Google “Forlorn Hope” + “Civil War” and several desperate actions show up. “A forlorn hope,” says the Wikipedia entry, which shows up first, “is a band of soldiers or other combatants chosen to take the vanguard in a military operation, such as a suicidal assault through the kill zone of a defended position, where the risk of casualties is high.”
The additional search results that follow provide several examples that any Civil War buff would find chilling.
Maine Public media features a 26-minute documentary about the charge of the First Maine at Petersburg on June 18, 1864. The Library of Congress offers an image of the 7th Michigan and 19th Massachusetts storming up the bank of the Confederate side of the Rappahannock at Fredericksburg on December 11, 1862.
But the one that seems to have the most notorious claim to the capital letters—“The Forlorn Hope,” as in “The Peach Orchard” or The Cornfield”—occurred in Vicksburg on May 22, 1863.
Grant’s initial attempt to take Vicksburg on May 19 ended in a series of bloody repulses. He knew he could settle into a siege and starve Confederates into submission, but he also faced a possible threat in his rear from Gen. Joseph E. Johnston. Johnston could potentially pin Grant’s army against the exterior of the Vicksburg defenses, where they would be subject to fire from John Pemberton’s forces in the beleaguered city even as Johnston assaulted Federals from the front.
As it happened, the threat from Johnston never materialized, but Grant had no way of knowing that at the time. Instead, he chose to make one more swing at Vicksburg in the hope of smashing through, thus eliminating the anvil for Johnston’s looming hammer.
Grant planned attacks by all three of his corps commanders, John McClernand, James McPherson, and William Sherman. Sherman felt particularly battered after the May 19 assaults. His men had advanced across more than 150 yards of open ground, navigating a troublesome abatis-filled ravine, picking through felled trees, and dealing with several fences—all while heading straight at a massive redan that protected one of the main roads into the city.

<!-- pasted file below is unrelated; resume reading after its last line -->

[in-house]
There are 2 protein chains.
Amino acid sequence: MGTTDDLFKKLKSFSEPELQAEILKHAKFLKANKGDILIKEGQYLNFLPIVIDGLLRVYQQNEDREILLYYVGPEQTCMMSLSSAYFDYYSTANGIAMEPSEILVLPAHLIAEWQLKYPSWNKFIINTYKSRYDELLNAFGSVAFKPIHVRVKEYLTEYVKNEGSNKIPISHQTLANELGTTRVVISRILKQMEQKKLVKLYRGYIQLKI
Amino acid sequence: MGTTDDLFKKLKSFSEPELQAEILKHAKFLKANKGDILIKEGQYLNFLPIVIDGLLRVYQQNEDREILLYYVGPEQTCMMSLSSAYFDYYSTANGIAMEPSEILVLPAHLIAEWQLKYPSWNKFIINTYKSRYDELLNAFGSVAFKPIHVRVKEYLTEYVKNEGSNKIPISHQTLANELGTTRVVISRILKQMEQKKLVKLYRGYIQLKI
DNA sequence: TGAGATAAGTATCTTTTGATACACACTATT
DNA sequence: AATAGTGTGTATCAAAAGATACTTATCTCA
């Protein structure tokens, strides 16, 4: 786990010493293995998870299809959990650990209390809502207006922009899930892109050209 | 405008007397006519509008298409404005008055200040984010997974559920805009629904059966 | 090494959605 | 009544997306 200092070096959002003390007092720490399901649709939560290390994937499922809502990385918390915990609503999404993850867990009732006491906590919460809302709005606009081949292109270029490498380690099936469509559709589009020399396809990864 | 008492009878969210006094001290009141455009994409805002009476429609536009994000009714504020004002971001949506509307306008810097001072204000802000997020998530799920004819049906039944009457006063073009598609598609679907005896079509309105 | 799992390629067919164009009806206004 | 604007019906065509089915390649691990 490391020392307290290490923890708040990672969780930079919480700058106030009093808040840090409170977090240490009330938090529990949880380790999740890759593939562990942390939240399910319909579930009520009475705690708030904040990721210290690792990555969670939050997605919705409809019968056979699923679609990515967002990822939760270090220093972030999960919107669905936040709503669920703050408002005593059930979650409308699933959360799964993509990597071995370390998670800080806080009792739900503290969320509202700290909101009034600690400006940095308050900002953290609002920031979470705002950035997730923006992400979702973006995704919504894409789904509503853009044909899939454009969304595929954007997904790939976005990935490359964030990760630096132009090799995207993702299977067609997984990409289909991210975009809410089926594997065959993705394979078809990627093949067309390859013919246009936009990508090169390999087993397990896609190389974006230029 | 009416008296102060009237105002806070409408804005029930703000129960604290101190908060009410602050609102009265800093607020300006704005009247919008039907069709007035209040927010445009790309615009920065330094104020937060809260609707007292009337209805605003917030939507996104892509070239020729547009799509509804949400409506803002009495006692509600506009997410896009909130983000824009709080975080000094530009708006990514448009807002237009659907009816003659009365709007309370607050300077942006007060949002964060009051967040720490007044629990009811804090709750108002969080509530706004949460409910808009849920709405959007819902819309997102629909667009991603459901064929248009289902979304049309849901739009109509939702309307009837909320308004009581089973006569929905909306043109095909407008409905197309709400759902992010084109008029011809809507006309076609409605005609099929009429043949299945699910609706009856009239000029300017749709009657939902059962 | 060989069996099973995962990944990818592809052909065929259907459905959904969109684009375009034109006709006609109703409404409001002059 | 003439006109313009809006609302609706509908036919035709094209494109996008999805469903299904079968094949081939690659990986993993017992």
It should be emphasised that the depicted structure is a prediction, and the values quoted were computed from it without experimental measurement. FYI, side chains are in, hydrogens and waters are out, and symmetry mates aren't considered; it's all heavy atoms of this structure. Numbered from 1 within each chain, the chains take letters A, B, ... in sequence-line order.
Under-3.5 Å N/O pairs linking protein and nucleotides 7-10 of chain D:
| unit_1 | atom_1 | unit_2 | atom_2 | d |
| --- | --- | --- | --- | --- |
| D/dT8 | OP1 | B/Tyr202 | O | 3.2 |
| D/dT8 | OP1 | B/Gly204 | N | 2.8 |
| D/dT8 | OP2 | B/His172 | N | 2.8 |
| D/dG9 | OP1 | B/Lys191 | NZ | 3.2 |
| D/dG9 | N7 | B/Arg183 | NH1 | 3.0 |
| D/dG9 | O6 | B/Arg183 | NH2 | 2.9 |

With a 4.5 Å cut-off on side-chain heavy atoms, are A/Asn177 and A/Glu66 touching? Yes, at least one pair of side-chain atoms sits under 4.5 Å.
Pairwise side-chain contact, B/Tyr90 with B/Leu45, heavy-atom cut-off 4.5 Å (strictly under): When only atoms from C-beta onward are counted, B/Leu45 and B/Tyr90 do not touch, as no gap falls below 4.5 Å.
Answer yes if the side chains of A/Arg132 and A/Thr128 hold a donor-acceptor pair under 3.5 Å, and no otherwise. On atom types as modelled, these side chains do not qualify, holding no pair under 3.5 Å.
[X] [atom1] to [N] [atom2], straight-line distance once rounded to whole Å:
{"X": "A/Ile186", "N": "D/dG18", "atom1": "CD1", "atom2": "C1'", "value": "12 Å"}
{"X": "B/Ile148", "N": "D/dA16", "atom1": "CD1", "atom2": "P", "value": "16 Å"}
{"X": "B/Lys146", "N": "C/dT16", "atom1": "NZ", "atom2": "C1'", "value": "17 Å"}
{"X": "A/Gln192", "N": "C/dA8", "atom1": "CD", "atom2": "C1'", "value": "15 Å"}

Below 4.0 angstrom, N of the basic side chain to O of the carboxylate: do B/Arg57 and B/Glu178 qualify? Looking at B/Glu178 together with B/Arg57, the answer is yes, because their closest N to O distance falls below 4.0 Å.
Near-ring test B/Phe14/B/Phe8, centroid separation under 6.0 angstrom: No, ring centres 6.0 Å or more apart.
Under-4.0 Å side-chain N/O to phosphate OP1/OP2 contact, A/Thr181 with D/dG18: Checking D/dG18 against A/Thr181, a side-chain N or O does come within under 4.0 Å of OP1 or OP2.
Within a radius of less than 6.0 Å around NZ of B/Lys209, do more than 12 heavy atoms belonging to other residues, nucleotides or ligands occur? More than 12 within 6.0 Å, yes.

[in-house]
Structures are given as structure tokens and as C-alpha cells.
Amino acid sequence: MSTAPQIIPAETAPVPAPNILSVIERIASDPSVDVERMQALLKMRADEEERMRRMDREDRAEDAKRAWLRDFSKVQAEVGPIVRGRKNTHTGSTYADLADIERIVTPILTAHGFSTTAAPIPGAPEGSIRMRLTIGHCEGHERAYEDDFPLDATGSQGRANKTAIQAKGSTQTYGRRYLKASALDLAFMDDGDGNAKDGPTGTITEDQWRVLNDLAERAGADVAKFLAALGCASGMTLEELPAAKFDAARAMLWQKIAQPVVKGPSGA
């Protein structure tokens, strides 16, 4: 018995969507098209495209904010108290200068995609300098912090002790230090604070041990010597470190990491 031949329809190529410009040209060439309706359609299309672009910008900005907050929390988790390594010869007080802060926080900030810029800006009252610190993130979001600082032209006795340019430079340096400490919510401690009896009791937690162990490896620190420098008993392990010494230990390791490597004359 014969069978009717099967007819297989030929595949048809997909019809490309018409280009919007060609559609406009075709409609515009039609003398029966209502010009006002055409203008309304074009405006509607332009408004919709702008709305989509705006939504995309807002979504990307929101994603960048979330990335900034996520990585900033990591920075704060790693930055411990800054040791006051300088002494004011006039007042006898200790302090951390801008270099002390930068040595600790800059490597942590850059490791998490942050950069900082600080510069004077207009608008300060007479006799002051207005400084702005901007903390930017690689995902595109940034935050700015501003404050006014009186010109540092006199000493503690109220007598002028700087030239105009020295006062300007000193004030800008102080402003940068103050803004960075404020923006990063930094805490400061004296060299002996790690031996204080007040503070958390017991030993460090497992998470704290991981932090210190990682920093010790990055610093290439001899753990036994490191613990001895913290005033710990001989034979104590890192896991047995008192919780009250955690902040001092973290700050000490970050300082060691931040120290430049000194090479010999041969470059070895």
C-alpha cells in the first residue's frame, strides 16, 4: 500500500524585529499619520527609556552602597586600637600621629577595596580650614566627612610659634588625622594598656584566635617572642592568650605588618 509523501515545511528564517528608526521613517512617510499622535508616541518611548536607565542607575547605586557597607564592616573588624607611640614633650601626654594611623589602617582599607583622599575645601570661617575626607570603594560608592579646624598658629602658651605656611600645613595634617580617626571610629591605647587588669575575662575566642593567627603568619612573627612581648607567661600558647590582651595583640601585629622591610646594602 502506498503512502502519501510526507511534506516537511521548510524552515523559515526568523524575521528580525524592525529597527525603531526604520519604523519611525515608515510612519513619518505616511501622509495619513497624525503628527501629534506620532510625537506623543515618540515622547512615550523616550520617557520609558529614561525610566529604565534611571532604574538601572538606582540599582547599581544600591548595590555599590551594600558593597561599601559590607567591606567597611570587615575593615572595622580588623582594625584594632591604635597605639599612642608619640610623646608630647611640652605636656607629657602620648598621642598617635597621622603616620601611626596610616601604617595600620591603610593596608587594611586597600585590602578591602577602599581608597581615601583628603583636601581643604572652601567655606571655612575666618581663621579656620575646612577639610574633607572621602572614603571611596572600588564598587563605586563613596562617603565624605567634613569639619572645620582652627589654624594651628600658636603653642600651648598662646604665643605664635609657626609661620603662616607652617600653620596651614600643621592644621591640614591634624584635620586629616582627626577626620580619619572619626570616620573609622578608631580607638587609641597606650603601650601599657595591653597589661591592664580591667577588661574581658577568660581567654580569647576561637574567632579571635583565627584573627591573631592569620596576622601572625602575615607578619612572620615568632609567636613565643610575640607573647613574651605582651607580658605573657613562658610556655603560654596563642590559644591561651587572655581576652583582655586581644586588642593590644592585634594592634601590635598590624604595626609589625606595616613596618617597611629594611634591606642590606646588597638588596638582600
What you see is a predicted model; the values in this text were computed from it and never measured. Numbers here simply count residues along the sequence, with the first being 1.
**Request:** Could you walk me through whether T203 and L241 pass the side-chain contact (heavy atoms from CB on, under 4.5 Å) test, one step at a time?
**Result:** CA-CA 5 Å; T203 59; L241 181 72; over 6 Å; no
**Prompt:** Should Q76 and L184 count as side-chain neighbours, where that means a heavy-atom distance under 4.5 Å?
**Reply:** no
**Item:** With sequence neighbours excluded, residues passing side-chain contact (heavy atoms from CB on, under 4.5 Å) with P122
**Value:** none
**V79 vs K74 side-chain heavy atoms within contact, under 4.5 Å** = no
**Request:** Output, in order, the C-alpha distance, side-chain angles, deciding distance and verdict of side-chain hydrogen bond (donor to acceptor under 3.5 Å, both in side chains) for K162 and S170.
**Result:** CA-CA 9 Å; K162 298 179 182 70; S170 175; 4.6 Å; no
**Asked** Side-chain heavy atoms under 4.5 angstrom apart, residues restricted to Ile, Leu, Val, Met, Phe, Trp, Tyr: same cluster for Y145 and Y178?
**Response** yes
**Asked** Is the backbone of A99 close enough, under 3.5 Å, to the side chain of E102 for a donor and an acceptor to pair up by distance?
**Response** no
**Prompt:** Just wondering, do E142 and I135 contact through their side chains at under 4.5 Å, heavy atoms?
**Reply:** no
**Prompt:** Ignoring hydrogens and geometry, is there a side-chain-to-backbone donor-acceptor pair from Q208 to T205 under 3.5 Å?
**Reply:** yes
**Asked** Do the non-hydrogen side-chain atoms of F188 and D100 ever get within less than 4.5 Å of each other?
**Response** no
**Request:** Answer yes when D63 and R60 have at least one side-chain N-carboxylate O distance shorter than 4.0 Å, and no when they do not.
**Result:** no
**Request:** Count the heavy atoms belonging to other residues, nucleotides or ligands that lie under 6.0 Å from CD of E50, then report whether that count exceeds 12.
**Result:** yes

Stockade Redan, as it was called, had a seventeen-foot-tall exterior wall fronted by a six-foot-tall ditch. The crest of the wall was sixteen feet wide, and behind it, on firing platforms, stood Mississippi and Missouri troops from Brig. Gen. Louis Hébert and Brig. Gen. Francis Cockrell’s brigades. The 36th Mississippi manned the wall while elements of tree Missouri regiments stood inside the redan as reinforcements and to protect its flanks. Graveyard Road, one of the main avenues in Vicksburg, ran along the ditch on the redan’s front face. The redan had been built specifically to protect the road.
For the May 22 attack, Sherman changed his route of approach. Rather than cross the open ground, he would advance down the Graveyard Road itself—a route that would take him not at the wide open front of the redan but toward a sharp angle in its construction. The redan was shaped like a wide “V,” and Graveyard Road ran straight at the exterior tip of the “V” before veering toward the right and running parallel to the redan’s formidable exterior wall. Because Confederates occupied the interior of this “V,” they would not be able to bring as much firepower to bear on any force advancing directly down the road.
Sherman chose Brig. Gen. Frank Blair’s division to spearhead his assault. He stacked his brigades three deep, which would be followed by the brigades of Brig. Gen. James Tuttle’s division stacked similarly. With Graveyard Road as their axis of advance, the massive column would charge Confederate defenses.
In the vanguard, Blair assembled a squad of 150 volunteers—all single men—who would advance not with rifles but with lumber. The first fifty would carry heavy timbers to be placed across the ditch, while the second fifty would carry planking to lay across timbers. Thus, instant bridges would be made. The third fifty would carry ladders so invaders could more easily scale the redan’s exterior wall. None of the volunteers carried rifles; all expected a high casualty rate.
Preparations went smoothly. “All our field batteries were put in position, and were covered by good epaulements; the troops were brought forward, in easy support, concealed by the shape of the ground,” Sherman wrote. He opened the morning with a bombardment to soften the Confederate line. It was “a most furious fire . . . of shell, grape, and canister,” wrote Cockrell, commanding the defenders. “The air was literally burdened with hissing missiles of death.”